International research indicates that eating one egg a day with a lead level of less than 100µg/kg would result in an estimated blood lead increase of less than 1μg/dL in children. That’s around the level found in Australian children not living in areas affected by lead mines or smelters. The level of concern used in Australia for investigating exposure sources is 5µg/dL.
Some 51% of the eggs we analysed exceeded the 100µg/kg “food safety” threshold. To keep egg lead below 100μg/kg, our modelling of the relationship between lead in soil, chickens and eggs showed soil lead needs to be under 117mg/kg. This is much lower than the Australian residential guideline for soils of 300mg/kg.
To protect chicken health and keep their blood lead below 20µg/kg, soil concentrations need to be under 166mg/kg. Again, this is much lower than the guideline.
How did we map the risks across cities?
We used our garden soil trace metal database (more than 7,000 homes and 25,000 samples) to map the locations in Sydney, Brisbane and Melbourne most at risk from high lead values.
Deeper analysis of the data showed older homes were much more likely to have high lead levels across soils, chickens and their eggs. This finding matches other studies that found older homes are most at risk of legacy contamination from the former use of lead-based paints, leaded petrol and lead pipes.
What can backyard producers do about it?
These findings will come as a shock to many people who have turned to backyard food production. It has been on the rise over the past decade, spurred on recently by soaring grocery prices.
People are turning to home-grown produce for other reasons, too. They want to know where their food came from, enjoy the security of producing food with no added chemicals, and feel the closer connection to nature.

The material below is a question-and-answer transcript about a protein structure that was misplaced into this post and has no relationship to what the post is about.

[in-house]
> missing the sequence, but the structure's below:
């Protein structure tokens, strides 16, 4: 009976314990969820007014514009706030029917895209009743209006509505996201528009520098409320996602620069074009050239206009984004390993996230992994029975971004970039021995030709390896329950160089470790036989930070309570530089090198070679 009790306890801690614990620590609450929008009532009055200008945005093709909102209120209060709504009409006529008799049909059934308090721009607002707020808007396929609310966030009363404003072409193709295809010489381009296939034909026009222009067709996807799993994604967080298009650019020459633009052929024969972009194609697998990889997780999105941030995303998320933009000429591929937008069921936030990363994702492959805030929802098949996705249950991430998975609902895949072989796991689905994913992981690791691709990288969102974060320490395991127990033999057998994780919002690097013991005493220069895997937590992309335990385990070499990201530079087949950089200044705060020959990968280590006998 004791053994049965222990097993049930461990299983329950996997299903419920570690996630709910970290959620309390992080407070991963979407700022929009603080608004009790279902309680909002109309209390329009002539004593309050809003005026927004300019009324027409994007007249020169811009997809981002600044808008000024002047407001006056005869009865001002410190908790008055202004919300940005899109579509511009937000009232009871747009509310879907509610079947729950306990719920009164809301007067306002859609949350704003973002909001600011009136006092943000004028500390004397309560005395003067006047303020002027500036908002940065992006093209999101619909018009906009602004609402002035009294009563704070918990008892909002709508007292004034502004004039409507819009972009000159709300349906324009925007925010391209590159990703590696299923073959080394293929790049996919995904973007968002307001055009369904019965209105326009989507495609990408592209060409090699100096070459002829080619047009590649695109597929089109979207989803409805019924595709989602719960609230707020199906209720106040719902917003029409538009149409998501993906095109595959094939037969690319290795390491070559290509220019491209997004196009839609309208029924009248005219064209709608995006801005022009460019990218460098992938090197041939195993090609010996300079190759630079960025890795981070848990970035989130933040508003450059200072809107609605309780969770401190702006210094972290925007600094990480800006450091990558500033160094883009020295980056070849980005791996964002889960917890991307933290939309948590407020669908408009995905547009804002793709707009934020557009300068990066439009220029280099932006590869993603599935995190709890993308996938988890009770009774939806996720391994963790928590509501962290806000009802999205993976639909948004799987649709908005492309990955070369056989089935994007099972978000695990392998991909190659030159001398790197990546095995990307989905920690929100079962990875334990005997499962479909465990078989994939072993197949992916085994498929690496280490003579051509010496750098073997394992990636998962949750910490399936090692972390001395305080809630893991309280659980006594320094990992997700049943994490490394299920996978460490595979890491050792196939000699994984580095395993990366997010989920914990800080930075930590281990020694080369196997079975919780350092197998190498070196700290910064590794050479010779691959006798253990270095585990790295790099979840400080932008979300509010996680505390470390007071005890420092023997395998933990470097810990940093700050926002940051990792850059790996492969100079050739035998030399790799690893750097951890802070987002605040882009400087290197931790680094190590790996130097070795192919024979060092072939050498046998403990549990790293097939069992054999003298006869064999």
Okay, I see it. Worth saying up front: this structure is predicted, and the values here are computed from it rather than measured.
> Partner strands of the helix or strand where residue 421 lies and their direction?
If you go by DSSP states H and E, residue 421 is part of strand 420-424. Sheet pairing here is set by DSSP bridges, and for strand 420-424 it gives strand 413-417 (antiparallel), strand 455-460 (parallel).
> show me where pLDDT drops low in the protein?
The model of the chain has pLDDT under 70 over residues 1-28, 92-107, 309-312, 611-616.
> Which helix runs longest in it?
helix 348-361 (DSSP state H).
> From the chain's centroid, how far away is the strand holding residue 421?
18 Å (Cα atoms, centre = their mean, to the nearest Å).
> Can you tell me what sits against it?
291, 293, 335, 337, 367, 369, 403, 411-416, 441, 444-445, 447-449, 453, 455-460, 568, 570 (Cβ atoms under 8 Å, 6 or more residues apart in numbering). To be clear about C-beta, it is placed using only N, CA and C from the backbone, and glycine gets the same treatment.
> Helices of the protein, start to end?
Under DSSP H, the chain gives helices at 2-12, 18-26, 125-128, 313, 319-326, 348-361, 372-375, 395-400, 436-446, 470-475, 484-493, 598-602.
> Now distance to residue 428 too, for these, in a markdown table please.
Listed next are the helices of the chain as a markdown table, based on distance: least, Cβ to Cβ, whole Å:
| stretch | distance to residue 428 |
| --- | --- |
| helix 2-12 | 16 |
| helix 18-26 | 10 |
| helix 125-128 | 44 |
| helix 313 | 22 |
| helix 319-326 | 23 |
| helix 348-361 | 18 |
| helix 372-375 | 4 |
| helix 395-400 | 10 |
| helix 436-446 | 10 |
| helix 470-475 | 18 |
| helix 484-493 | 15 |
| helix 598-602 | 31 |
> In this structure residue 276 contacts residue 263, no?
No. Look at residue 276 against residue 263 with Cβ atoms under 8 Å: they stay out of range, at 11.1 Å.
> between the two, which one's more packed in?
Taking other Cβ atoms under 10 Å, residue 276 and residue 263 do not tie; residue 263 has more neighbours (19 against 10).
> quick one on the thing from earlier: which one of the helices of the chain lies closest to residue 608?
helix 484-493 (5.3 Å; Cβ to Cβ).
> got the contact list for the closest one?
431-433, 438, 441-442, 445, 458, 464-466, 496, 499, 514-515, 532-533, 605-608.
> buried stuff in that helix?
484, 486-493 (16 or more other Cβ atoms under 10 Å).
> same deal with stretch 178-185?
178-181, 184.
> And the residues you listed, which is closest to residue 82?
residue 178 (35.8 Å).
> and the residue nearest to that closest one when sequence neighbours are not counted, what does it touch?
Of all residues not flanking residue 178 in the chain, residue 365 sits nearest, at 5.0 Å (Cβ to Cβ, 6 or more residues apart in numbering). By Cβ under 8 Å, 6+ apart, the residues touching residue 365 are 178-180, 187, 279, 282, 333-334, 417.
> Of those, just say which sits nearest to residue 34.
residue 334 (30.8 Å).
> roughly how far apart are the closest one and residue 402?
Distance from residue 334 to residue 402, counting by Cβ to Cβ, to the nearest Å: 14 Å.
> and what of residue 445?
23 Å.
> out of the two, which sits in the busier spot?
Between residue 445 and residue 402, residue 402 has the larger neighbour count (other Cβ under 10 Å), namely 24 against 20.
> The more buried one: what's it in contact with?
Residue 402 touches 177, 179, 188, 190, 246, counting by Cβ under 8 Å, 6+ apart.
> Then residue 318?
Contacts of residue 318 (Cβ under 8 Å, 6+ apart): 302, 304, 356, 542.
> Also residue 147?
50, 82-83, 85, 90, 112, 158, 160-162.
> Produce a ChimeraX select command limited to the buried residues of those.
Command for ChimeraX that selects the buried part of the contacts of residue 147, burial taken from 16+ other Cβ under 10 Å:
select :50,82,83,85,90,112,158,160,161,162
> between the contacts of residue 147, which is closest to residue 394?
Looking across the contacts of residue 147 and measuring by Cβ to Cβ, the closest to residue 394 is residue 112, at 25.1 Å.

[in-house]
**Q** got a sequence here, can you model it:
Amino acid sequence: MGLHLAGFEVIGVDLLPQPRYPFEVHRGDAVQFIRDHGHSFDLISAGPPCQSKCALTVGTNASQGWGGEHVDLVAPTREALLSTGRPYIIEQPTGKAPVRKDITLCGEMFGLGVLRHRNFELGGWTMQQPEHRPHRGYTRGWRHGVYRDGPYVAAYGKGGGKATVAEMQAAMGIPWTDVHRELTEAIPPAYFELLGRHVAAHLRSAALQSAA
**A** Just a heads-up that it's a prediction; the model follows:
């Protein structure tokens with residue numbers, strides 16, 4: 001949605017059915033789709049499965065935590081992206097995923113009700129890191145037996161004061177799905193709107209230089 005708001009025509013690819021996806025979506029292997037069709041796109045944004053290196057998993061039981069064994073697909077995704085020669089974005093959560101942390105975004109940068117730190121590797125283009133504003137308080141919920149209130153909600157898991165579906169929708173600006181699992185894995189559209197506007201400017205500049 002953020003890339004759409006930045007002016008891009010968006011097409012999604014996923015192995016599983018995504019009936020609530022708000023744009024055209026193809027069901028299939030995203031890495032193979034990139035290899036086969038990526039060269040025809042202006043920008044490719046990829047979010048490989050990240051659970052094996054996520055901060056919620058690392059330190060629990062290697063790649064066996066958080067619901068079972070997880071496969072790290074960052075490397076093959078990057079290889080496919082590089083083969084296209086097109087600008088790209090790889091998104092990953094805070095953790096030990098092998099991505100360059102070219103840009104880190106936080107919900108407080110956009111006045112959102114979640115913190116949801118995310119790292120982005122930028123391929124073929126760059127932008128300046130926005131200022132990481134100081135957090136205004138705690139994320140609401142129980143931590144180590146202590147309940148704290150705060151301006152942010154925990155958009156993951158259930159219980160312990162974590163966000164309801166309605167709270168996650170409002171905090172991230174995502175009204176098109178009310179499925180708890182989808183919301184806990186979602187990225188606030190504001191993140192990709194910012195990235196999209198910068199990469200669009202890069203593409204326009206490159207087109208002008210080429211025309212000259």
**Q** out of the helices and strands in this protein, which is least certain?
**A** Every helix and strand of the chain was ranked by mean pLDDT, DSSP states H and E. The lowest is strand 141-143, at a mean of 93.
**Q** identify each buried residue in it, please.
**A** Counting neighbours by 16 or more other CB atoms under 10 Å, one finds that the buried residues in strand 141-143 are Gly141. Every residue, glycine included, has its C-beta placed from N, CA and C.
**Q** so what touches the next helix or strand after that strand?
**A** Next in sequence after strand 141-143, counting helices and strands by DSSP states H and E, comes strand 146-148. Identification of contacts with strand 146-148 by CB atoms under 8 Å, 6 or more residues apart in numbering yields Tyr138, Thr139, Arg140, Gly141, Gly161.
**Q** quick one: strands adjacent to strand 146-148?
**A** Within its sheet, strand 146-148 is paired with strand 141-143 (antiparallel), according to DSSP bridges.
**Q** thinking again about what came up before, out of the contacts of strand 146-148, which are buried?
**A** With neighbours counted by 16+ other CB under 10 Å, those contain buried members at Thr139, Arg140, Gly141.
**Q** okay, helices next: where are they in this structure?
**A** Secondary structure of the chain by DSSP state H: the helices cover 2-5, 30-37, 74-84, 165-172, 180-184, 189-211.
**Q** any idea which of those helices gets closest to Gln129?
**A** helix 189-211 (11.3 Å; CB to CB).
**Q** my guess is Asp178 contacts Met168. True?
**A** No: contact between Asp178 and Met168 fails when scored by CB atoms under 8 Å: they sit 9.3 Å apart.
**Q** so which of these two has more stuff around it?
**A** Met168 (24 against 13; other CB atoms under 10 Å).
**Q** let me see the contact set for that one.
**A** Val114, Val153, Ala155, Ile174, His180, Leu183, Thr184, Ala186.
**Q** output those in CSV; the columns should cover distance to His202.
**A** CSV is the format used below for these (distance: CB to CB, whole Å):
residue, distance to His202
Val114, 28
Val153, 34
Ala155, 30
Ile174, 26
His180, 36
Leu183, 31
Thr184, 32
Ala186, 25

While urban gardening is a hugely important activity and should be encouraged, previous studies of contamination of Australian home garden soils and trace metal uptake into plants show it needs to be undertaken with caution.
Contaminants have built up in soils over the many years of our cities’ history. These legacy contaminants can enter our food chain via vegetables, honey bees and chickens.
Urban gardening exposure risks have typically focused on vegetables and fruits. Limited attention has been paid to backyard chickens. The challenge of sampling and finding participants meant many previous studies have been smaller and have not always analysed all possible exposure routes.
Mapping the risks of contamination in soils enables backyard gardeners and chicken keepers to consider what the findings may mean for them.
Particularly in older, inner-city locations, it would be prudent to get their soils tested. People can do this at VegeSafe or through a commercial laboratory. Soils identified as a problem can be replaced and chickens kept to areas of known clean soil.
Mark Patrick Taylor, Chief Environmental Scientist, EPA Victoria; Honorary Professor, Macquarie University; Dorrit E. Jacob, Professor, Research School of Earth Sciences, Australian National University, and Vladimir Strezov, Professor, School of Natural Sciences, Macquarie University
This article is republished from The Conversation under a Creative Commons license. Read the original article.